Source: “World Robotics 2021Industrial Robots Report,” International Federation of Robotics.
Unimate Started at General Motors in 1961
While R2-D2 from “Star Wars” may have been the first brush with a robot celebrity for many of us, a robot star called Unimate debuted on American nighttime TV years earlier.
In 1954, American inventor George Devol obtained his first patent for a robotic device. Seven years later, Devol and his business partner Joseph Engelberger sold the first Unimate robot to General Motors for use in one of its New Jersey production facilities. The robot’s 4,000-pound arm stacked hot diecast metal pieces for window handles, gearshift knobs, light fixtures and other interior parts.
This first use of an industrial robot attracted national attention. In 1966, Engelberger appeared with Unimate on “The Tonight Show,” where Unimate demonstrated its ability to play golf, pour a beer and direct the popular program’s band. Host Johnny Carson noted that Unimate could “replace someone’s job.”1
Industrial Automation Affects Our Daily Lives
Industrial automation has evolved considerably since Unimate. It’s become pervasive, touching and improving our daily lives.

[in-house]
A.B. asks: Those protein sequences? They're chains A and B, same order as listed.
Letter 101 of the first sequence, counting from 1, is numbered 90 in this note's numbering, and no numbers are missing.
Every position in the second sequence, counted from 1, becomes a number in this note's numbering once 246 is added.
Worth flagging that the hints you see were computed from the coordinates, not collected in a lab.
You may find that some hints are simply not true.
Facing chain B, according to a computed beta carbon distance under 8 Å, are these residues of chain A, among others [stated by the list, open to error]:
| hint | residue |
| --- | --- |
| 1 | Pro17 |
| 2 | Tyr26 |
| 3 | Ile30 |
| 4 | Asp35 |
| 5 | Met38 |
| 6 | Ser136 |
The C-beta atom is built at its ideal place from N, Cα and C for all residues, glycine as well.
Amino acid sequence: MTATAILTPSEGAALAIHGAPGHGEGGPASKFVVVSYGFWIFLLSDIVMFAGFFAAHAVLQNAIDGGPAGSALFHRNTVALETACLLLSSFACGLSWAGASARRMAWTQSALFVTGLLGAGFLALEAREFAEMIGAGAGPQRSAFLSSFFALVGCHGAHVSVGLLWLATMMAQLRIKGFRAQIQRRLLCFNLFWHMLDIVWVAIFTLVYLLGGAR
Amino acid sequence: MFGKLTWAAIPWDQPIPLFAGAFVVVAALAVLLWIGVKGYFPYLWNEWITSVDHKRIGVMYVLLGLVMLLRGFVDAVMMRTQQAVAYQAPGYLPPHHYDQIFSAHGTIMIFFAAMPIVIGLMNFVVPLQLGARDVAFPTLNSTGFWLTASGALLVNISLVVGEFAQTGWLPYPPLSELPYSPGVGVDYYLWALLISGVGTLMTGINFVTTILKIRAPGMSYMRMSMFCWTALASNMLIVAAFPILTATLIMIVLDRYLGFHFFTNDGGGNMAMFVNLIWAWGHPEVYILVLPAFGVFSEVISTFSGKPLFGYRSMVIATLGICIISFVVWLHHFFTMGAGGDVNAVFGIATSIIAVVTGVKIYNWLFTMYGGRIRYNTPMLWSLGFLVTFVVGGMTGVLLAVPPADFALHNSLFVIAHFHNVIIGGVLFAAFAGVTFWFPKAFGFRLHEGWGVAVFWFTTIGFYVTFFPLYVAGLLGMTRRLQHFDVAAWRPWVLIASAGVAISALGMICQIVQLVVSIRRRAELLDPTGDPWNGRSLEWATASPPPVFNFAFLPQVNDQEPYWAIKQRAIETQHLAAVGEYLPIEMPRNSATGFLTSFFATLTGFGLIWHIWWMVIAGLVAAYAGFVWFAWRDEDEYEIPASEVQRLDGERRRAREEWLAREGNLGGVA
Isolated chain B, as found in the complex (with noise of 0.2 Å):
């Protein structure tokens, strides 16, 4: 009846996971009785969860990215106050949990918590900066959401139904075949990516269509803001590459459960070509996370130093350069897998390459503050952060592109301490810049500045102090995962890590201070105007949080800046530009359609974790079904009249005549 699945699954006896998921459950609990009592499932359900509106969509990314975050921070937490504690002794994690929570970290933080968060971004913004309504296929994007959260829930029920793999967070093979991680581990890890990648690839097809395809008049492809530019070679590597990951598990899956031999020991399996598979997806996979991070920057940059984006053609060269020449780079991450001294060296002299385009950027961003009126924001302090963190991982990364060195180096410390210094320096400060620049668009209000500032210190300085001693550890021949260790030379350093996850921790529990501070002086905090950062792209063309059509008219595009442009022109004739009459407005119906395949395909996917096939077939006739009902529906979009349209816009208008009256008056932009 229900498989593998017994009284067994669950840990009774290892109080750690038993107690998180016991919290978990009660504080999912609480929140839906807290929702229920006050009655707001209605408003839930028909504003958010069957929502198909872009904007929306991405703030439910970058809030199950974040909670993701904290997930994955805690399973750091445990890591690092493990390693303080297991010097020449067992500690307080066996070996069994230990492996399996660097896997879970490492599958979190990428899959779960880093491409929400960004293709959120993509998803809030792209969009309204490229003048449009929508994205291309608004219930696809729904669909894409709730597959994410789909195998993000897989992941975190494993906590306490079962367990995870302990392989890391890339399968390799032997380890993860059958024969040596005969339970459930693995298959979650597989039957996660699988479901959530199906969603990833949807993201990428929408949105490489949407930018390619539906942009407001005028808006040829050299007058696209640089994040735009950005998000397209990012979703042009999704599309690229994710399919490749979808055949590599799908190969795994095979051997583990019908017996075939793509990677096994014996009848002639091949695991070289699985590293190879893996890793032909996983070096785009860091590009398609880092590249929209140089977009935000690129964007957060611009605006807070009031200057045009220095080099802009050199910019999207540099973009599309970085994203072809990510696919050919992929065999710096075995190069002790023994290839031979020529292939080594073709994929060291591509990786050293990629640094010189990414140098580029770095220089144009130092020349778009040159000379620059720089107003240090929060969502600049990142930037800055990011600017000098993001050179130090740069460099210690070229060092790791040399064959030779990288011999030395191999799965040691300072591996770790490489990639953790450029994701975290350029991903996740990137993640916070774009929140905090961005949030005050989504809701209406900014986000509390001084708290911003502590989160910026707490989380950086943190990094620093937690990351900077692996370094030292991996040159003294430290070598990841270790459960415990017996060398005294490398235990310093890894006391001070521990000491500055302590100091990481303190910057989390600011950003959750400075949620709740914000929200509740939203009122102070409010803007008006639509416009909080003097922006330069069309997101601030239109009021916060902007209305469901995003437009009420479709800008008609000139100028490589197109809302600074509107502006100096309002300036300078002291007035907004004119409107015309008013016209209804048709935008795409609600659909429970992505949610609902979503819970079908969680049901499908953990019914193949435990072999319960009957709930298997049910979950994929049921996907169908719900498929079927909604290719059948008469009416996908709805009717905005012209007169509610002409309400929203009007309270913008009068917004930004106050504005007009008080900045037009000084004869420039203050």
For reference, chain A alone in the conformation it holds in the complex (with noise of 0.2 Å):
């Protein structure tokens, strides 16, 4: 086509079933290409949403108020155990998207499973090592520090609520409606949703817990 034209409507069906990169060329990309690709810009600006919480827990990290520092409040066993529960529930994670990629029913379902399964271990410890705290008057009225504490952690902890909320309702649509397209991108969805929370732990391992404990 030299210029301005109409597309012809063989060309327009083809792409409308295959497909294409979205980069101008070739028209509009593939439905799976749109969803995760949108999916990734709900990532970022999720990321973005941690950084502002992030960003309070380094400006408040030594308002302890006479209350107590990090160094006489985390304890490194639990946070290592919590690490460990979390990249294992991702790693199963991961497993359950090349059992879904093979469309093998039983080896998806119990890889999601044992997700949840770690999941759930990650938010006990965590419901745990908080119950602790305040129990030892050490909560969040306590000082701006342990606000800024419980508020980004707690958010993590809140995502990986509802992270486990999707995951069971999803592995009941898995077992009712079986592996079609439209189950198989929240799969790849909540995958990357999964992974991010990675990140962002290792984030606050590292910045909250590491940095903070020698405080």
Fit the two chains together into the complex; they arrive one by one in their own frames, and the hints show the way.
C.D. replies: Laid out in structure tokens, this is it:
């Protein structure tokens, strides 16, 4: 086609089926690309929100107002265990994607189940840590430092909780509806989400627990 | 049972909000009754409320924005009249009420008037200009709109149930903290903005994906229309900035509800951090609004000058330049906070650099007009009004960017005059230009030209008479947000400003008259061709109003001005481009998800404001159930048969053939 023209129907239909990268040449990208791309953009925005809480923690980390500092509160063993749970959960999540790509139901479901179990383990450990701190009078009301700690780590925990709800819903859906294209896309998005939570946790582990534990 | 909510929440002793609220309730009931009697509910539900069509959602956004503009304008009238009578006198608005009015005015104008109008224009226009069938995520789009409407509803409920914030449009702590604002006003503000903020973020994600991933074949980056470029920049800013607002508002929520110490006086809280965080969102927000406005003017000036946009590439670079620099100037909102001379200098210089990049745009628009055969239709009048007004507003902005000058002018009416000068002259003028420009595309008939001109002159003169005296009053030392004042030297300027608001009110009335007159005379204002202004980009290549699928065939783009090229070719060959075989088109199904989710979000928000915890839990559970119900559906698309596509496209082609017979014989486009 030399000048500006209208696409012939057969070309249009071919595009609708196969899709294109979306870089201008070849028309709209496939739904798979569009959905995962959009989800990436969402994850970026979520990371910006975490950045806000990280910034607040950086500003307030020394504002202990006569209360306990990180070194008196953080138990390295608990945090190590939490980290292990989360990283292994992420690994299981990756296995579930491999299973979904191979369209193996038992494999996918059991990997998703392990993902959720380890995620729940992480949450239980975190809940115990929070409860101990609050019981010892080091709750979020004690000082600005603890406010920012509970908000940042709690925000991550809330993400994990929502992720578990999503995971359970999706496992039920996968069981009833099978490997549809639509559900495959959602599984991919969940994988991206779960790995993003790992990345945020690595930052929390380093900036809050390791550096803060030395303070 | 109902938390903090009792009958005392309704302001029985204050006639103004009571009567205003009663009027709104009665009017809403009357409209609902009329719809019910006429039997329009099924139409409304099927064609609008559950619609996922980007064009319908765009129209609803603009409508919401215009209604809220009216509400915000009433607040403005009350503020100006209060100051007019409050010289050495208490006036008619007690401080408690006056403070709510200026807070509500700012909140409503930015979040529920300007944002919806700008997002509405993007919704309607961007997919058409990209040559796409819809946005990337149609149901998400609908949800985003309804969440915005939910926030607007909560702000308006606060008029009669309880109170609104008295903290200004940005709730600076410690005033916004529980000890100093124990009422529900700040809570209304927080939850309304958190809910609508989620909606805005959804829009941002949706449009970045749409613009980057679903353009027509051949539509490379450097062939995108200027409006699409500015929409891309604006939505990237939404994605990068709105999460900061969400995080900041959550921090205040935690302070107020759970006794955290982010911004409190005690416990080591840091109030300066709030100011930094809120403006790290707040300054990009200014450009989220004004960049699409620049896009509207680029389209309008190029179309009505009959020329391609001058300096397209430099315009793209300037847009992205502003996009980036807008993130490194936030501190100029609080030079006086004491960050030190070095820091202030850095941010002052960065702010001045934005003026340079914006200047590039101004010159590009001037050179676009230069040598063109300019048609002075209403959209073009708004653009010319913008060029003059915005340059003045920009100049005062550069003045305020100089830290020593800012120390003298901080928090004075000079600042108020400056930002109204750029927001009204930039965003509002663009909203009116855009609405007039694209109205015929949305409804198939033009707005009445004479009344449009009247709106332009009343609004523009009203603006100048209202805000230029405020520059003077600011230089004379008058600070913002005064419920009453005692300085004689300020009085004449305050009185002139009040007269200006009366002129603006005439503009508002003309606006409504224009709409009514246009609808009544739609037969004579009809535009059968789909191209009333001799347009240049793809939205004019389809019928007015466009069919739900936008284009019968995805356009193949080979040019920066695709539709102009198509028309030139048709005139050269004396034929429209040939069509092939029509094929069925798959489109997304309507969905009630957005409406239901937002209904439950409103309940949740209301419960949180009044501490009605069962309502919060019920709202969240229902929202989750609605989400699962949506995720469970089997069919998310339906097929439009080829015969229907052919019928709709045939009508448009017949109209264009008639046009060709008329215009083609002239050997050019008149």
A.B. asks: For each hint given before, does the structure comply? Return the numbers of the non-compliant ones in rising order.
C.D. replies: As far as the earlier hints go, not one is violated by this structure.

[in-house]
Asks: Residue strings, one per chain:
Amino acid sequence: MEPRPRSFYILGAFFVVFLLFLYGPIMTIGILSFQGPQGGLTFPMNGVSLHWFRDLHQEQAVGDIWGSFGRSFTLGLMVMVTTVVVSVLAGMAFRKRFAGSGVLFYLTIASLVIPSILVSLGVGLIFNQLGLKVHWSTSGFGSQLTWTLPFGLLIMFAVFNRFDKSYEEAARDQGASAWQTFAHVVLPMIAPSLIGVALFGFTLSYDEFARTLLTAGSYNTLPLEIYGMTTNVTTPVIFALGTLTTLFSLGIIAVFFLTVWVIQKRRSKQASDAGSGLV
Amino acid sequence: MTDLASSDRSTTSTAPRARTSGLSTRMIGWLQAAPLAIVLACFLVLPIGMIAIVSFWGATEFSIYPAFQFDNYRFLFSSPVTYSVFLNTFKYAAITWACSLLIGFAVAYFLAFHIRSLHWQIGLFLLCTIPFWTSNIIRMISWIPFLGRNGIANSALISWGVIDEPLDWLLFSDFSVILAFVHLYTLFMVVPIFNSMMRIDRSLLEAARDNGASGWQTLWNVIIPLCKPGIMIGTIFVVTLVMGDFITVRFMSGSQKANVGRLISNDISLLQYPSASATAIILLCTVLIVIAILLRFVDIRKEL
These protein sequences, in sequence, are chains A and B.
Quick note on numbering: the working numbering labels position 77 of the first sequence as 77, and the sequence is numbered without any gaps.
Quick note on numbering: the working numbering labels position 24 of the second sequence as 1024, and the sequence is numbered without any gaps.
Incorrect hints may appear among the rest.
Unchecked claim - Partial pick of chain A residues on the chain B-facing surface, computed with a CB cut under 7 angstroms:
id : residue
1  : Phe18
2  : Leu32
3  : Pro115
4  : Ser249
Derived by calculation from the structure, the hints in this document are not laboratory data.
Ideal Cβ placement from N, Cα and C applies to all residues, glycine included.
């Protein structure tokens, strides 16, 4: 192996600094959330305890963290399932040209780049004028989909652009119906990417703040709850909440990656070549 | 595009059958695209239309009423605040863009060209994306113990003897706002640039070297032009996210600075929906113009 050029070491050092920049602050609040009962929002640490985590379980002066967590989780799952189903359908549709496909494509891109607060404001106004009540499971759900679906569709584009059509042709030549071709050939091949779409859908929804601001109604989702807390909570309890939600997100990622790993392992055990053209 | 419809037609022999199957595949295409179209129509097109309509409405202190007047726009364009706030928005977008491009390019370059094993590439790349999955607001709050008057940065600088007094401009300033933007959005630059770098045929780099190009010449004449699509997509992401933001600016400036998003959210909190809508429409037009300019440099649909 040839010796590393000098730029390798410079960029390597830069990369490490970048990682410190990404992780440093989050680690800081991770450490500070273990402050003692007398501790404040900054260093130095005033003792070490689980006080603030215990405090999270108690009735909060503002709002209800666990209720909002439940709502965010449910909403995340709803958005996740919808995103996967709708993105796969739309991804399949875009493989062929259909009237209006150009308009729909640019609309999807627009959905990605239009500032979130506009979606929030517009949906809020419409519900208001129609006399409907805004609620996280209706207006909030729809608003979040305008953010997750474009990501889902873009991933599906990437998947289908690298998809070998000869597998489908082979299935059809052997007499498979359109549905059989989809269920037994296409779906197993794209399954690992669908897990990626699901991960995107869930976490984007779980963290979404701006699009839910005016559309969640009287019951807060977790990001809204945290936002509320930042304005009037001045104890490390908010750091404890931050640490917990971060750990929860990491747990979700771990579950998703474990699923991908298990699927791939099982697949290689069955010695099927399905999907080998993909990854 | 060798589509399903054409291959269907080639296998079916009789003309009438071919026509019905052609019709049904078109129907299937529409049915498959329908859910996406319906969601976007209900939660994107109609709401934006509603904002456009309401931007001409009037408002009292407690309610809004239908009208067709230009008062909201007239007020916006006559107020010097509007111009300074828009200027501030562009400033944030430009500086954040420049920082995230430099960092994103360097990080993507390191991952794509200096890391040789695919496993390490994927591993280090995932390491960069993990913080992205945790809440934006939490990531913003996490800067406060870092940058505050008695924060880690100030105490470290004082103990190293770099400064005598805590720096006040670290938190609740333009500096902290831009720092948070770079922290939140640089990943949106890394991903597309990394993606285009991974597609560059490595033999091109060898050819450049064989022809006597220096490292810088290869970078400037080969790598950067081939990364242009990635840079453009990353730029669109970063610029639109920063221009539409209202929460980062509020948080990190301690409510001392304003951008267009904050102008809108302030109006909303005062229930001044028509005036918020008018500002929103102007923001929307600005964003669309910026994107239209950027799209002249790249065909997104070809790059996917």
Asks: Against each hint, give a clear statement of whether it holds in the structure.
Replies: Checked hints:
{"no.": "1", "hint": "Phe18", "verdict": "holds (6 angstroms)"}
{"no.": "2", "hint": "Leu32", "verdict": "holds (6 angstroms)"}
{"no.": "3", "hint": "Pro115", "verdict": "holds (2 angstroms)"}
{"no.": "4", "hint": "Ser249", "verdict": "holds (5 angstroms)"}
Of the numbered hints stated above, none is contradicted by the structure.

Cognex, for example, is an innovator in machine vision technology that brings sight to robots. The company’s tag reader system automatically routes luggage at airports, minimizing processing times and enhancing overall system efficiency. Amazon and Apple are other notable customers using Cognex’s vision technology to improve their processes.
Collaborative robots, or cobots, interact with humans to reduce their physical efforts. They are generally less expensive, flexible, and safer than traditional industrial robots. Some advanced cobots are mobile, allowing the machines to move within a set environment.
Universal Robots, for example, produces easy-to-program, industrial-grade robotic arms used to automate manufacturing processes.
Environmental, Social and Governance (ESG) Factors
Environmental, social and governance (ESG) factors are important considerations in industrial automation. On the positive side, automation can improve productivity, conserve energy, reduce carbon emissions, enhance worker safety and deliver sustainable innovation. Moreover, automating aspects of the manufacturing process can potentially reduce risks associated with product quality.